Greenspan spoke this week at symposium, held in Jackson Hole, Wyoming, sponsored by the Federal Reserve on the legacy of his 18 year era. He took the position that the housing market now suffers an imbalance.

The Federal Reserve is paying closer attention to the rising values of assets such as stocks, bonds and homes, as low interest rates encourage more risk-taking, Fed Chairman Alan Greenspan said.

Low “Risk Premiums” (A new mantra?) This trend reflects what Mr. Greenspan said was the increased willingness of investors to accept low “risk premiums, a willingness based on a complacent assumption that the low interest rates, low inflation and strong growth of recent years are likely to be permanent.”


His concern is when (bond) investors become more cautious, yields will rise, lowering housing values and then selloff of bonds that caused rates to drop in the first place. “This is the reason that history has not dealt kindly with the aftermath of protracted periods of low risk premiums.”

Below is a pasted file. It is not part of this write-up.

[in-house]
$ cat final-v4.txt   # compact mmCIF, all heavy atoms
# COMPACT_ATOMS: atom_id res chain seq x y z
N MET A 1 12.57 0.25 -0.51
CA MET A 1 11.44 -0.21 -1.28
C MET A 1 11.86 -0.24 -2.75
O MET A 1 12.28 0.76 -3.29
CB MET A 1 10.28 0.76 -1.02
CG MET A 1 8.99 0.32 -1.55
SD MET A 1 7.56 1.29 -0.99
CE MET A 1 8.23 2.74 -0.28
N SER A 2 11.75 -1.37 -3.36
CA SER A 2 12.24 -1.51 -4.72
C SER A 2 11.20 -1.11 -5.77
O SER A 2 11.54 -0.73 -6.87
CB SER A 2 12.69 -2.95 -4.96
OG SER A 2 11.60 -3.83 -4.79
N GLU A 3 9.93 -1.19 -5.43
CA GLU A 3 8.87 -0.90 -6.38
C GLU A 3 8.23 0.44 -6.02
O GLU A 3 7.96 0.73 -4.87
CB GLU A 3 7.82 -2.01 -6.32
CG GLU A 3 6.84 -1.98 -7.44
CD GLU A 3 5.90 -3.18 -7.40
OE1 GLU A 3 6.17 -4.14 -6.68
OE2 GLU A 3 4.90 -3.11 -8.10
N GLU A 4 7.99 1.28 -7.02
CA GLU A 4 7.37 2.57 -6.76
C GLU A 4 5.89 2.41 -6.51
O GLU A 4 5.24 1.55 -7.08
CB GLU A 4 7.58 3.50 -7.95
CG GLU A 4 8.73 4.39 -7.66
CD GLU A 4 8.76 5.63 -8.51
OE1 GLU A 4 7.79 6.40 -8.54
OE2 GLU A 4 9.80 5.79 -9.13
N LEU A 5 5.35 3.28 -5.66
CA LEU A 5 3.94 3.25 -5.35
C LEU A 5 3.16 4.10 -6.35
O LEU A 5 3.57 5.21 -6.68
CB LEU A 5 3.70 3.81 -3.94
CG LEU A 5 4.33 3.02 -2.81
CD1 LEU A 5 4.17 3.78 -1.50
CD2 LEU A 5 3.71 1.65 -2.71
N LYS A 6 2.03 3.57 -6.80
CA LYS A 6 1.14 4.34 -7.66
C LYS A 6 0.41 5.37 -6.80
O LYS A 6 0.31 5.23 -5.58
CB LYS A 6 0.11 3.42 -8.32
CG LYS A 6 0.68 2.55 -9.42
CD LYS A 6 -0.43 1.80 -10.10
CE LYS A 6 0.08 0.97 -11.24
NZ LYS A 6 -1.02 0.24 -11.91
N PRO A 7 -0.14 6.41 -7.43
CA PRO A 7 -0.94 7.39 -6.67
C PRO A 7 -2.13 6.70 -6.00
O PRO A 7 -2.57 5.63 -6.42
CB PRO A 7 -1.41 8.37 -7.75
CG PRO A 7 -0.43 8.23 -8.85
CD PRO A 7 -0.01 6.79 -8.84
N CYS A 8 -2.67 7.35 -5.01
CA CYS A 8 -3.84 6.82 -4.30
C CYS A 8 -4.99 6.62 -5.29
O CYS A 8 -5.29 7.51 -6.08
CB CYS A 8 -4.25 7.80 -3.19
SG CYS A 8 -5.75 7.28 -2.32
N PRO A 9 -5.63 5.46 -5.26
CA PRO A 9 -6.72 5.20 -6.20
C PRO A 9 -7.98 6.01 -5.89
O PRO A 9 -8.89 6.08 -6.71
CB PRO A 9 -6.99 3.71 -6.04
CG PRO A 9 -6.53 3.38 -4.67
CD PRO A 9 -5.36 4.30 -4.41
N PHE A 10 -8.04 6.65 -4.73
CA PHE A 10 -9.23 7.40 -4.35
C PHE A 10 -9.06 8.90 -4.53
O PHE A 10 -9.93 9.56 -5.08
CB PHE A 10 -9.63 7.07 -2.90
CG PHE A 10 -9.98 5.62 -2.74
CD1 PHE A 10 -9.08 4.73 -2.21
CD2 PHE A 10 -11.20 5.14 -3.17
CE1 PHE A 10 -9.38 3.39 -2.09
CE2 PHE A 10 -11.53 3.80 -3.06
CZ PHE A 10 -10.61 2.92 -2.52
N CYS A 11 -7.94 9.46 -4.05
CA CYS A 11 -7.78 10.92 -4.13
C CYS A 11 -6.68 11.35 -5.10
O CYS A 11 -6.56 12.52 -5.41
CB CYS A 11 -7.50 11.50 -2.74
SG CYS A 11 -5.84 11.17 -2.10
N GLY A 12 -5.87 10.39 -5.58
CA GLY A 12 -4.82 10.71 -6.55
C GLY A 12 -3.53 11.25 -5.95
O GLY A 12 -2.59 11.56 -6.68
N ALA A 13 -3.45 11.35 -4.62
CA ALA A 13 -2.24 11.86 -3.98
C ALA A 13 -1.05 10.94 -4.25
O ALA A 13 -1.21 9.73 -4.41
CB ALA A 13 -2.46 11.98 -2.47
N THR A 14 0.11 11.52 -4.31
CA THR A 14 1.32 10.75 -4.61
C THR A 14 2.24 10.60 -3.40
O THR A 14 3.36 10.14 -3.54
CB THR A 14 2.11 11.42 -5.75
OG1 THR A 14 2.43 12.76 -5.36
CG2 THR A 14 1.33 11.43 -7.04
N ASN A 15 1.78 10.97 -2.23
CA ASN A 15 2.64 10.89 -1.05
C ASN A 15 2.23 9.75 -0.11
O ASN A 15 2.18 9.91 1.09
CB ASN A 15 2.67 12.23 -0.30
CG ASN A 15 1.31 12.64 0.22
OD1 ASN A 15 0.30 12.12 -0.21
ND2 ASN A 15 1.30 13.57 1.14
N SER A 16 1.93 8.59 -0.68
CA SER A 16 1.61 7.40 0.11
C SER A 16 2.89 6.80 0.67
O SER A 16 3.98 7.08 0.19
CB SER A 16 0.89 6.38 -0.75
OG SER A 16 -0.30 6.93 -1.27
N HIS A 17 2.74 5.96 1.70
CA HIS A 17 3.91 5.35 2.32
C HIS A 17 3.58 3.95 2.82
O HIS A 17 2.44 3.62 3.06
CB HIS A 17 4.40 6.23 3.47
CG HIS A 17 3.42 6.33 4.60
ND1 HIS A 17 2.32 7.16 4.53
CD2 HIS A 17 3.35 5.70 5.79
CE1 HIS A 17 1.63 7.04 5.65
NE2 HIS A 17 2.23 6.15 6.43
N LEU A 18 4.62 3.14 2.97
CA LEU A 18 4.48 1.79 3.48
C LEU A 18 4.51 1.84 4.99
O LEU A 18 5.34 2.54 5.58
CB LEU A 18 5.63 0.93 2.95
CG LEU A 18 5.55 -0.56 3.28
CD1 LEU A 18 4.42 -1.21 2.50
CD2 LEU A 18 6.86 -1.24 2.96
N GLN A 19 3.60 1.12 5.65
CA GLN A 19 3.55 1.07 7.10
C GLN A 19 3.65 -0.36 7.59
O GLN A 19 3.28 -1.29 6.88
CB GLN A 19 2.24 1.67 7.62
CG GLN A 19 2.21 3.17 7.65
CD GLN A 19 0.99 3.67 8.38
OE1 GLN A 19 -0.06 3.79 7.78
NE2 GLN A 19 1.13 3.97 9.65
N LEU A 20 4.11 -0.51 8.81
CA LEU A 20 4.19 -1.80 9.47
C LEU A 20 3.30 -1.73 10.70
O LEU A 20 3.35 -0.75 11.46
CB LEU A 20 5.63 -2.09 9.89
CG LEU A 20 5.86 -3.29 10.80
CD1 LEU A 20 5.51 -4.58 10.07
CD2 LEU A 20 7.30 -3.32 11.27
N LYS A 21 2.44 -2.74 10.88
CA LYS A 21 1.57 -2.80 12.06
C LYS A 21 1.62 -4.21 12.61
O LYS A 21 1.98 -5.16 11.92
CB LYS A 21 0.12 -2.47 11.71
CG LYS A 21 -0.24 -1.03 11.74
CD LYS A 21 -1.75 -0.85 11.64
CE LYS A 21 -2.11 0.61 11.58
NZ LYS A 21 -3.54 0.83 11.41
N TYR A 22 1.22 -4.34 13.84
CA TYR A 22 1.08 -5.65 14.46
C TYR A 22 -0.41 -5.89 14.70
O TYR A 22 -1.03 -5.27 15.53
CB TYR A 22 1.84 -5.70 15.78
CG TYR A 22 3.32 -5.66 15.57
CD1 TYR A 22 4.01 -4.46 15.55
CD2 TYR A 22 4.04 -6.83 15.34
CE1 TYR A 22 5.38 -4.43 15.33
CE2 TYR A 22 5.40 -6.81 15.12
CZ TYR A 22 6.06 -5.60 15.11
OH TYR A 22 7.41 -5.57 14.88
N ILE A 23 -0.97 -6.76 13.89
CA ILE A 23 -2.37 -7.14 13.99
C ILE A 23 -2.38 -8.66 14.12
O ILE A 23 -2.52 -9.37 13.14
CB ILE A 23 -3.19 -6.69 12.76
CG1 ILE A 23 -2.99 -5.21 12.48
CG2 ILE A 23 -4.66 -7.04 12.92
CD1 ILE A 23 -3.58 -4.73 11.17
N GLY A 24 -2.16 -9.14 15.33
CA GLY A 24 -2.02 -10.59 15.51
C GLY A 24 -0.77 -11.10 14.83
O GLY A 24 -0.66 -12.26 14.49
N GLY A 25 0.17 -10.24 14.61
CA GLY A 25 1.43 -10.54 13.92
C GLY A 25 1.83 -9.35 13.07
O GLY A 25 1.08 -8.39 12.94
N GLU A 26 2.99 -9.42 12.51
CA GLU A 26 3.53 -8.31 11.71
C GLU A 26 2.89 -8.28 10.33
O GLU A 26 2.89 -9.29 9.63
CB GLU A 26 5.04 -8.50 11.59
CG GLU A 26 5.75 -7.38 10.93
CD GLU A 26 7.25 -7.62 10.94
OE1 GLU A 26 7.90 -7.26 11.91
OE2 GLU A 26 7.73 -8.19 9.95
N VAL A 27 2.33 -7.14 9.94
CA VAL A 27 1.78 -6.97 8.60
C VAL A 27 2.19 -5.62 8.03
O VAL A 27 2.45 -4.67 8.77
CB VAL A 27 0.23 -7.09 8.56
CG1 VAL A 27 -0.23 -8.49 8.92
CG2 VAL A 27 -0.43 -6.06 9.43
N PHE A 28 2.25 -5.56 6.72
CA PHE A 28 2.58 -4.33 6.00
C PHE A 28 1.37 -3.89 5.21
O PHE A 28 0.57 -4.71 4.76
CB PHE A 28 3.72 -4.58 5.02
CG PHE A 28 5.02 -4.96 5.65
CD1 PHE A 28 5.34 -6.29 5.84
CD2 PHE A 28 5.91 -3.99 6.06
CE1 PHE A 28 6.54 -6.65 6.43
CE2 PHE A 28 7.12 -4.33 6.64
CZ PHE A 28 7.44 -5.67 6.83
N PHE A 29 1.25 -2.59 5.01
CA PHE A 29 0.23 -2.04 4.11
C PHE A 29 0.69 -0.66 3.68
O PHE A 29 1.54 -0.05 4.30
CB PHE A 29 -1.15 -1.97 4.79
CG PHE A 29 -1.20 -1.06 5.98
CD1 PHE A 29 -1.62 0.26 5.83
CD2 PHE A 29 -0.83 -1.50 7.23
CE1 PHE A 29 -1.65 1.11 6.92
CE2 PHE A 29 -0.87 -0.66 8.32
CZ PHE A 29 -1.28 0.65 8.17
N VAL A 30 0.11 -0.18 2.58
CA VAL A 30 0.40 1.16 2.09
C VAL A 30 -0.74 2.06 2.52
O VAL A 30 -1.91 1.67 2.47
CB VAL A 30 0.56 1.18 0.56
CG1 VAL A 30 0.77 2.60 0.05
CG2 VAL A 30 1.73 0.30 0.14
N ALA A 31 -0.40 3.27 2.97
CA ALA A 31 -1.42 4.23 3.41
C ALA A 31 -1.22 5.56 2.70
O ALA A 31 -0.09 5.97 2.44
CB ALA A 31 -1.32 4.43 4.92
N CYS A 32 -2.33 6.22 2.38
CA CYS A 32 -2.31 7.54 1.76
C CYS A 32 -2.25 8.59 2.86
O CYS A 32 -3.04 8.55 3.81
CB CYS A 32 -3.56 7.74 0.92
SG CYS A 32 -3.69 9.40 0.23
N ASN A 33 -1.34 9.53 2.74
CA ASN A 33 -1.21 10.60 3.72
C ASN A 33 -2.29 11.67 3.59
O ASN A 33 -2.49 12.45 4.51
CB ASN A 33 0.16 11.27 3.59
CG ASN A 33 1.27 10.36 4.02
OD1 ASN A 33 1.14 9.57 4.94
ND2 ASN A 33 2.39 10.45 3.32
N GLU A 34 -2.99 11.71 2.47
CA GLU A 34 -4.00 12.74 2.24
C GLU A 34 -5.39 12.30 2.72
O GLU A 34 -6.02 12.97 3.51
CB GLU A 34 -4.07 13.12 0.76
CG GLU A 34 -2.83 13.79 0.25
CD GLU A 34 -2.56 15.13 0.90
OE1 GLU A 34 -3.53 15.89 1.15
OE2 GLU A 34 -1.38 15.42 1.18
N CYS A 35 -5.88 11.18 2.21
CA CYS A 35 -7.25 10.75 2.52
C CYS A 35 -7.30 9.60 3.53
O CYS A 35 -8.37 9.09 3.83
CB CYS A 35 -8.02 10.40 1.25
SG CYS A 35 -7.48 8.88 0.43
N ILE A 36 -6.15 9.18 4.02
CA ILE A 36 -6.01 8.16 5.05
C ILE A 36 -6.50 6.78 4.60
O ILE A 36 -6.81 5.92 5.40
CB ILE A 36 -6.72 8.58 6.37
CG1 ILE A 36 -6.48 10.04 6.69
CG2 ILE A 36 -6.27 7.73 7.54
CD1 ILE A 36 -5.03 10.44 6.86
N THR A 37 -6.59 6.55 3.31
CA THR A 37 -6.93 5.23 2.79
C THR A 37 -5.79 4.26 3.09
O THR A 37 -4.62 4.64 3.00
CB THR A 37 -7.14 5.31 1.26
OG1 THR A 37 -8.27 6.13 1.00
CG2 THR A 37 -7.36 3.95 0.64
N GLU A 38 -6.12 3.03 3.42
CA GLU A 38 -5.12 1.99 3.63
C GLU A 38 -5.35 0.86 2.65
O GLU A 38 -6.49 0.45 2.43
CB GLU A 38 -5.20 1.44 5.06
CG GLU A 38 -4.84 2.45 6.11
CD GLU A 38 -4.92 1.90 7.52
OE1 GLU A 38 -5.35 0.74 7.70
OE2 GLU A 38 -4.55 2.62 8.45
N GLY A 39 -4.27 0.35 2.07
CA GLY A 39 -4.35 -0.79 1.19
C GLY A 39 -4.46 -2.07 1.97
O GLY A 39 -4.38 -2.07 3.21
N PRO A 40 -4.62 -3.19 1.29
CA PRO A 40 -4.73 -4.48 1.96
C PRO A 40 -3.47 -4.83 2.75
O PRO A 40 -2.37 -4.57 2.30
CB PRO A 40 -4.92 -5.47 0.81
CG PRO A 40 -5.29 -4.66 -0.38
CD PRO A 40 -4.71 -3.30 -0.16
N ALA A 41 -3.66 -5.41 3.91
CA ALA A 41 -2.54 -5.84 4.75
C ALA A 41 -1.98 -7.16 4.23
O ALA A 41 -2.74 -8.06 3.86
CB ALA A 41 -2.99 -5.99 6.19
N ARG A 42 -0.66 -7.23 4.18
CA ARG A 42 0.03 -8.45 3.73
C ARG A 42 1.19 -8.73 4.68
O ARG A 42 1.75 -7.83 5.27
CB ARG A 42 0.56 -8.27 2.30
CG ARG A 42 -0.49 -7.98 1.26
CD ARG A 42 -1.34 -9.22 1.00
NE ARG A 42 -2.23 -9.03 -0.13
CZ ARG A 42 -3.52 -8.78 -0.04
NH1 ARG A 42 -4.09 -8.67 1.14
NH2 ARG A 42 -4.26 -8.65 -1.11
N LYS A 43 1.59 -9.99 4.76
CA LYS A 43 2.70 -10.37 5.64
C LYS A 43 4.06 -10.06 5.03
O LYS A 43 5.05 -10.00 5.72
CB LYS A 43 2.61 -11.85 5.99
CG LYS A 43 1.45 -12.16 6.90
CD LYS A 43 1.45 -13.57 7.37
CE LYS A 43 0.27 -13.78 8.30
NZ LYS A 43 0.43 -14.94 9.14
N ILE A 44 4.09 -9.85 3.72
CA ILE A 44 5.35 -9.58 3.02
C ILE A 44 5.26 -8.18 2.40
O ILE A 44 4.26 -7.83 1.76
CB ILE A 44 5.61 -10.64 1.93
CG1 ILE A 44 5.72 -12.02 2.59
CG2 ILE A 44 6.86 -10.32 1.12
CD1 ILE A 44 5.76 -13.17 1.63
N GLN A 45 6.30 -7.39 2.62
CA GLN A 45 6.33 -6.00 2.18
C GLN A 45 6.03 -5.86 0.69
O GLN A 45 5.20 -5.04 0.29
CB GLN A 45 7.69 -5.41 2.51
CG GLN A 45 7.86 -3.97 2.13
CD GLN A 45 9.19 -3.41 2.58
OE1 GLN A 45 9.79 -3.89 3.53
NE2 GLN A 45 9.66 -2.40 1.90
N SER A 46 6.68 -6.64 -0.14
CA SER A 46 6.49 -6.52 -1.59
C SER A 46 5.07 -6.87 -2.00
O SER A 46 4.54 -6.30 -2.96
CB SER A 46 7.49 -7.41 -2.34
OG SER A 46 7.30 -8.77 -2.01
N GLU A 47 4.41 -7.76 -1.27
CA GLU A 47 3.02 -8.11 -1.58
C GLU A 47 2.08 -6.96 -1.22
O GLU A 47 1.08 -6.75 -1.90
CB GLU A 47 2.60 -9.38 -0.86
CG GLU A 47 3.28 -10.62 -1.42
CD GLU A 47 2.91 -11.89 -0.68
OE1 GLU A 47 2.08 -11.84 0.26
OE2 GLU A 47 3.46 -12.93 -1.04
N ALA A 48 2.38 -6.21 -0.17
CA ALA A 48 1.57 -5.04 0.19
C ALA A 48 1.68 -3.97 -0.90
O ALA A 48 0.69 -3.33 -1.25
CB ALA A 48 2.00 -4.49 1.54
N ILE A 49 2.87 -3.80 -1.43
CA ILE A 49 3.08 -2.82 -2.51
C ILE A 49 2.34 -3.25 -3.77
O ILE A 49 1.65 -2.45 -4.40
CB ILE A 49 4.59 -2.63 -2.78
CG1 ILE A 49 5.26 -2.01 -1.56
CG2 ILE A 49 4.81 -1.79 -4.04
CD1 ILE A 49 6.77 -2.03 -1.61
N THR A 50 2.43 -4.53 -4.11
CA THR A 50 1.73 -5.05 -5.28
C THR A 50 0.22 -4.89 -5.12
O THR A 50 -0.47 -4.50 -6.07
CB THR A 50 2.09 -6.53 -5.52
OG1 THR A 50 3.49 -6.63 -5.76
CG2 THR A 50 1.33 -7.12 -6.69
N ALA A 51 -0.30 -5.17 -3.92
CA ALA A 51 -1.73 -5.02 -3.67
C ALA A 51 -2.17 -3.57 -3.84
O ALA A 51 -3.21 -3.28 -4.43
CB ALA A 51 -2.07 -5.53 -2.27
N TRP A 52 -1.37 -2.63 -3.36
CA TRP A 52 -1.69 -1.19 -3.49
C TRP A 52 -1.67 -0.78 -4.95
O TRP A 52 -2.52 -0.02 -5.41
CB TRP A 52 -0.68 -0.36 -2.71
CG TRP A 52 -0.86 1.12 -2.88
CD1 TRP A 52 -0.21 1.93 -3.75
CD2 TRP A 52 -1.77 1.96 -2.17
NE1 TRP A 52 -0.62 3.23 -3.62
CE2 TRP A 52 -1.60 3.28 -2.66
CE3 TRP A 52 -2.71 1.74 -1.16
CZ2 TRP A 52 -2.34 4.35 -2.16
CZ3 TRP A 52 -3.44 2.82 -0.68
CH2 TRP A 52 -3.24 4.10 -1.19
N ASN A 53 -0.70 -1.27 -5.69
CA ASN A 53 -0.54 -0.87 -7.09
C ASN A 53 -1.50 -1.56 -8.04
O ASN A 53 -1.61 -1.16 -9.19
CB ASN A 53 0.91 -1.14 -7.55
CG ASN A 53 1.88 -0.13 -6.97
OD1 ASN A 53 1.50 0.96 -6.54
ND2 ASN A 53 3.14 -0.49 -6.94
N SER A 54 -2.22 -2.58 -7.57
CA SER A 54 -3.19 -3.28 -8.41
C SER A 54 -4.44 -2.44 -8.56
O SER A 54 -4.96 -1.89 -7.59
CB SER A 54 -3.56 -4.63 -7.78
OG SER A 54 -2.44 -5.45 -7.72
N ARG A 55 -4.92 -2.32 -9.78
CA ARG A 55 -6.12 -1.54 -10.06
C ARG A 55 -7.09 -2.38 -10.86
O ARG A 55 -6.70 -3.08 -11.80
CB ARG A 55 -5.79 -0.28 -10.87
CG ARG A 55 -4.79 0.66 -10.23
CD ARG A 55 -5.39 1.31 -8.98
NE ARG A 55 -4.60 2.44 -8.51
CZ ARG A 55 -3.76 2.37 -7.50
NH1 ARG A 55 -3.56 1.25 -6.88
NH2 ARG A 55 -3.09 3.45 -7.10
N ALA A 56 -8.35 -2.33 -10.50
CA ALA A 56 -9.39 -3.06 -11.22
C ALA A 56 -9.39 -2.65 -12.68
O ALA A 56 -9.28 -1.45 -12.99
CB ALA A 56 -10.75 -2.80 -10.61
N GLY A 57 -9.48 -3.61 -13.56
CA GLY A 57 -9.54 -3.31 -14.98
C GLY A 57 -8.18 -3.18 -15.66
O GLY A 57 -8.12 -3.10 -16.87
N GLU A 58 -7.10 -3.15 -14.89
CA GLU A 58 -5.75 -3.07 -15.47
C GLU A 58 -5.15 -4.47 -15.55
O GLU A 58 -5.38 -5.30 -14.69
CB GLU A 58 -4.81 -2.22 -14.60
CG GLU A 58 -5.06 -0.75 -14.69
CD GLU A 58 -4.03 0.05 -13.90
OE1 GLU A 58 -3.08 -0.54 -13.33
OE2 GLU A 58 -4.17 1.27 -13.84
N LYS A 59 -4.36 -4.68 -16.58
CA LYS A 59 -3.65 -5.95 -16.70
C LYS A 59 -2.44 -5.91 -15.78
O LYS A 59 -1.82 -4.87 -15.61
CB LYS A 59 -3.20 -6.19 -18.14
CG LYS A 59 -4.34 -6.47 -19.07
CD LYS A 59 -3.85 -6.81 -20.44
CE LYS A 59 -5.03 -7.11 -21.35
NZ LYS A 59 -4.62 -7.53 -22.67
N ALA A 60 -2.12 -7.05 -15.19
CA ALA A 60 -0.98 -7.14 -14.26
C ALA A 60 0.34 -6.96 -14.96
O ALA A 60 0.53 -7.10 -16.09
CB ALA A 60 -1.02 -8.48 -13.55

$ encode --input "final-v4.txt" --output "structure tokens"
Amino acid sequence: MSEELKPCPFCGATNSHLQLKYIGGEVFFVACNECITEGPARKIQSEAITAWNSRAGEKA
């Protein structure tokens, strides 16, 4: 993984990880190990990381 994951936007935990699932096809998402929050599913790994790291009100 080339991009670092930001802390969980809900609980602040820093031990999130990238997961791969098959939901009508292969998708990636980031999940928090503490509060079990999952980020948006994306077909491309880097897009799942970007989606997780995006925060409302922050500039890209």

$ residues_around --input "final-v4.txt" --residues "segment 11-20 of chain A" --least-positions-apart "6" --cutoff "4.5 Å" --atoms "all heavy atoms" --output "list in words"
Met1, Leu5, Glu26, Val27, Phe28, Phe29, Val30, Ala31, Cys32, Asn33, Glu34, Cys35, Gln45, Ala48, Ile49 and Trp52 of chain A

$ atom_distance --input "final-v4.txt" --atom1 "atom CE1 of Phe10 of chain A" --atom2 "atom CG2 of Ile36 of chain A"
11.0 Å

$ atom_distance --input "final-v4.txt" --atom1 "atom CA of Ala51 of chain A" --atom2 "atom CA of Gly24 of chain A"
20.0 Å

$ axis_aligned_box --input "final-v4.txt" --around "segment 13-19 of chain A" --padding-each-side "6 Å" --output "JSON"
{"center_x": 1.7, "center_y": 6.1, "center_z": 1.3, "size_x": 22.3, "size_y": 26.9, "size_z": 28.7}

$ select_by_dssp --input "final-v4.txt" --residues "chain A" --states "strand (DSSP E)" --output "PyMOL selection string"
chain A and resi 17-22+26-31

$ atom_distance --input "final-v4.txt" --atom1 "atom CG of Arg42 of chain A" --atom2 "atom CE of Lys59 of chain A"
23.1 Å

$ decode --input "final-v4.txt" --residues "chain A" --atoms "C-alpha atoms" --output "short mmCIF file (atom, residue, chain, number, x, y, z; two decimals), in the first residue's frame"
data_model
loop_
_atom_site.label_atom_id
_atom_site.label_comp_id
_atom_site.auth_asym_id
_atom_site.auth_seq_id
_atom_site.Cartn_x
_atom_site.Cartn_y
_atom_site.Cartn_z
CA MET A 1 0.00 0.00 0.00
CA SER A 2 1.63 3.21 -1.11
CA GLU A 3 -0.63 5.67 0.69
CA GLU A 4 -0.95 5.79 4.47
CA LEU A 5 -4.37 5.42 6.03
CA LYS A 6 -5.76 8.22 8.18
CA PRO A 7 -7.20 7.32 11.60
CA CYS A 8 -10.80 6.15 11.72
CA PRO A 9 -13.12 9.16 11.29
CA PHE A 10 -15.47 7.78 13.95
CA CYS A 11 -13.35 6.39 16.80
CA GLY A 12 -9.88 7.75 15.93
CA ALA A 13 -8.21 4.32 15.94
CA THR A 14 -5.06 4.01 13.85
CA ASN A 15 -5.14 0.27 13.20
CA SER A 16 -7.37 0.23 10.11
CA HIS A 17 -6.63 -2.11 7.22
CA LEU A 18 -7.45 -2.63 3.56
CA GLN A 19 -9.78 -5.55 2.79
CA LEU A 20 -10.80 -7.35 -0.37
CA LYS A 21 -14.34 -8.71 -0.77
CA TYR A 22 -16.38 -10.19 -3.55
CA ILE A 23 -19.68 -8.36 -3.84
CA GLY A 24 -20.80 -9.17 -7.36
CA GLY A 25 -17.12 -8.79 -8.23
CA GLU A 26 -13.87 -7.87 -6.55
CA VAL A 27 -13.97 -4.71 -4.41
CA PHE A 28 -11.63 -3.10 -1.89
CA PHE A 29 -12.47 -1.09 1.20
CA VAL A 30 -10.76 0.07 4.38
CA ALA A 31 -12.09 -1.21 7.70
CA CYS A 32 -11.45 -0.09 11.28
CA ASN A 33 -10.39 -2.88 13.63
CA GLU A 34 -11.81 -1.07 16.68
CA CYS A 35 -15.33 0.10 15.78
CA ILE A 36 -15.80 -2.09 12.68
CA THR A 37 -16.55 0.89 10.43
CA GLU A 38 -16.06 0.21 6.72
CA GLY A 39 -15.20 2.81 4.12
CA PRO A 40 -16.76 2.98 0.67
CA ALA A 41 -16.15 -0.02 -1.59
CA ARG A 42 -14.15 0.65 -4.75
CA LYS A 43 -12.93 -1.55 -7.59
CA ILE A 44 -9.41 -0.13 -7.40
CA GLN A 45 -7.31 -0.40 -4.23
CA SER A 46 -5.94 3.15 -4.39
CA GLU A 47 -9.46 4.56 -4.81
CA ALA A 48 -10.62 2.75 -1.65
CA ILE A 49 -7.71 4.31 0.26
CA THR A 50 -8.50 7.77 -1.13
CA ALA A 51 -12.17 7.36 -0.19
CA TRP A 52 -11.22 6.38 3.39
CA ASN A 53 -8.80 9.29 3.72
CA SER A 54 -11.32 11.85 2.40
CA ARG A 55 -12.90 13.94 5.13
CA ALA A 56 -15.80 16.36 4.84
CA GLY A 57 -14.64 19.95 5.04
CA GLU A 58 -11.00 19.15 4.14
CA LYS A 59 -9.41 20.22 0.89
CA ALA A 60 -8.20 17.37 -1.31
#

Other notable Greenspan-speak, etched in the public conscience are:

A Conundrum – An inverted yield curve appears to loom on the horizon.

A Frothy Housing Market – “The Fed feels it needs to squeeze more air out of the market – the housing market in particular, although the Fed has stressed that it’s not targeting housing with interest-rate policy.”

Irrational Exuberance – Greenspan first used the phrase in 1996 several years before the stock market corrected in 2000 but it came to define the rapid run up in stocks in the 1990’s. The analysts that missed the dot com bubble now seem to be the ones warning us about the housing market boom’s eventual conversion to bust.


Lies, Damn Lies, And Government Statistics: Part II

August 21, 2005 | 12:07 pm | |